Although it looks like a larger, melted Tiida hatchback, the Leaf is much more than that. If Nissan has its way, it will be the first mass produced pure electric car, with the company hoping to churn out 50,000 in its first year. Compare this to the 1700 or so Mitsubishi i MiEVs that have been sold between July 2009 and March 2010.
Motivated by a 80kW/280Nm electric engine, the Leaf can reach a top of 140km/h and has a predicted driving range of 160km. The lithium ion battery pack is situated under the seats and floor and should still have 70 to 80 per cent of its original capacity by its 10th birthday.
As yet unseen mobile phone apps will let drivers check up remotely on their car's battery status and change the climate control temperature whenever it's plugged in. Sat nav-equipped Leafs will be able to display nearby charging stations, as well as a radius of the car's predicted range.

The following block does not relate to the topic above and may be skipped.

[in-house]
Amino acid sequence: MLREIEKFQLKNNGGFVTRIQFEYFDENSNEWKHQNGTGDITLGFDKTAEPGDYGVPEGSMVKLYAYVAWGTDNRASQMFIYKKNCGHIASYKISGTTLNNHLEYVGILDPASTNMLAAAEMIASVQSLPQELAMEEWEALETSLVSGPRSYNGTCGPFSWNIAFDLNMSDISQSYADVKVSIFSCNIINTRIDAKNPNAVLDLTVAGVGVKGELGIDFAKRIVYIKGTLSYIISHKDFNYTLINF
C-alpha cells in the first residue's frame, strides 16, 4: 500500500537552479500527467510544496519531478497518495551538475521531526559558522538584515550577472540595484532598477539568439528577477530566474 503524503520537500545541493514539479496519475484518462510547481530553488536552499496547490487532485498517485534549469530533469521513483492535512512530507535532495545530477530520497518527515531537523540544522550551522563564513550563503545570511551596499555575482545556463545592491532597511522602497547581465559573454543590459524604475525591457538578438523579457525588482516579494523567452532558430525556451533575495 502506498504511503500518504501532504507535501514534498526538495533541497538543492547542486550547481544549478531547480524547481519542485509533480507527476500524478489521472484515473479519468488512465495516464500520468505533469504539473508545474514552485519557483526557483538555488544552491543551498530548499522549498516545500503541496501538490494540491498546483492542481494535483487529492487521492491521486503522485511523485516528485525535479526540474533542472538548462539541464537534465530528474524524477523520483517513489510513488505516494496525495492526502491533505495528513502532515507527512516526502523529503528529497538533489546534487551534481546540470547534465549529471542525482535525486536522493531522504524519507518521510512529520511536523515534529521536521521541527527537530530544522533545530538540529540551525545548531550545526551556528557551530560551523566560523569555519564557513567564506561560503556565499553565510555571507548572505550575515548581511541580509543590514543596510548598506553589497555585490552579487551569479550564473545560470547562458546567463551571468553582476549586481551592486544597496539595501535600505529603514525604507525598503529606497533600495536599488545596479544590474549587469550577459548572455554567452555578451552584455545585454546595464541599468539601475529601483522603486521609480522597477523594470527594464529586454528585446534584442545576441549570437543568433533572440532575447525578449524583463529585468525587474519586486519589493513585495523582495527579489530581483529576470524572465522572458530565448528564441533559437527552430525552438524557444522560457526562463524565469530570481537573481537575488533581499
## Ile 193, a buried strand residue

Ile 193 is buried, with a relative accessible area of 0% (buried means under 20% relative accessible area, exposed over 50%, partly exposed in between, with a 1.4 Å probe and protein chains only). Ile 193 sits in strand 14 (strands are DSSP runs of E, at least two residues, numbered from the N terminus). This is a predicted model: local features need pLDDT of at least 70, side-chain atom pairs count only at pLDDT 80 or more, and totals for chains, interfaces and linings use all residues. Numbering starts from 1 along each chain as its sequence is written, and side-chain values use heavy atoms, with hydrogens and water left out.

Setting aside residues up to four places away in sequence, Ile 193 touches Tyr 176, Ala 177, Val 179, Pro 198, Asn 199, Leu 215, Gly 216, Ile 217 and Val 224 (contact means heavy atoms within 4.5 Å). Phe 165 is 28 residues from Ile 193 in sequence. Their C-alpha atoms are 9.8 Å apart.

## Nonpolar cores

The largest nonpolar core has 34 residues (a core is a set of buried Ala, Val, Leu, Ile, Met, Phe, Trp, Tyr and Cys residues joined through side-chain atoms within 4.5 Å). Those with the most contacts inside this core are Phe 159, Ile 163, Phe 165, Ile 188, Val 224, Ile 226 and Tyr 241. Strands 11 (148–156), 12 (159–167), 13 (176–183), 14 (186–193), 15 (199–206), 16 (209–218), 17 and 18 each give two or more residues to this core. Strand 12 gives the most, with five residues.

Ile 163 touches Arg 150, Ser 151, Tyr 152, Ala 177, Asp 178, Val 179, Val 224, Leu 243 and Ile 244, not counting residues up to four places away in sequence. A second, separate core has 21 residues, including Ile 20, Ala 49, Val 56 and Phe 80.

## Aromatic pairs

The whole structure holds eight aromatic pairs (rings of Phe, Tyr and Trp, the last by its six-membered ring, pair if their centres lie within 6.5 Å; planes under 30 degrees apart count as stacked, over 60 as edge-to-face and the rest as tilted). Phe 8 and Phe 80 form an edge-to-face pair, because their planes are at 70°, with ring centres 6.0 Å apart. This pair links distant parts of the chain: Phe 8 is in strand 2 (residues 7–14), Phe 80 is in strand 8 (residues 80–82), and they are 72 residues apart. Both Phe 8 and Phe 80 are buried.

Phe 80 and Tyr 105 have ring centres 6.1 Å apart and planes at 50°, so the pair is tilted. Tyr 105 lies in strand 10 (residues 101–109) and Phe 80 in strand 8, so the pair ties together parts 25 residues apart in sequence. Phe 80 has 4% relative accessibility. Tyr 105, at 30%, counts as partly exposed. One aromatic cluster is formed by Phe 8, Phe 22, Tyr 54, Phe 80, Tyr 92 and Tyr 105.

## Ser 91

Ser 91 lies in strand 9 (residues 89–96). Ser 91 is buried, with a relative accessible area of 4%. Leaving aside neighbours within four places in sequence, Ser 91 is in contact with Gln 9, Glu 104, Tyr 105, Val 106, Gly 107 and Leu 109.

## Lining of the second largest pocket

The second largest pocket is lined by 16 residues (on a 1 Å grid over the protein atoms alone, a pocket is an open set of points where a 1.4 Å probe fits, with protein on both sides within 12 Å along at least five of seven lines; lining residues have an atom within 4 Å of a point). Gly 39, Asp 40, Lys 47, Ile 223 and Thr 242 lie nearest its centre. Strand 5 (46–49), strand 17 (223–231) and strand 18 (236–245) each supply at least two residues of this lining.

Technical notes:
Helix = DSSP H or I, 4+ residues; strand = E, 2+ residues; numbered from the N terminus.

Nissan's dealers in Japan, at least, will help purchasers to install charging units at home. The company will also install charging points at each of its 2200 dealers throughout Japan. 200 of those dealers will also be equipped with a quick charging unit that can replenish 80 per cent of the battery's capacity in 30 minutes; a full charge on a regular 240V system requires roughly eight hours.
According to Nissan, there should be at least one quick charge unit within a 40km radius throughout Japan. No specific infrastructure announcements have yet been made for Australia.
Although the Leaf is due to go on sale in Europe, Japan and North America in late 2010, it won't be coming to Australia until 2012. Japanese pre-orders for the car will begin in April 2010, with the base price set at ¥3.76 million (AU$44,350) or ¥2.99 million (AU$35,260) after government incentives. In America the Leaf will retail for US$32,780 (AU$35,610) before federal government rebates and US$25,280 (AU$27,470) after.
With Australian sales still a long way away, no local price has been announced, but the local Nissan arm hasn't ruled out allowing customers to purchase the car and lease the expensive battery pack as a method of reducing the Leaf's sticker price.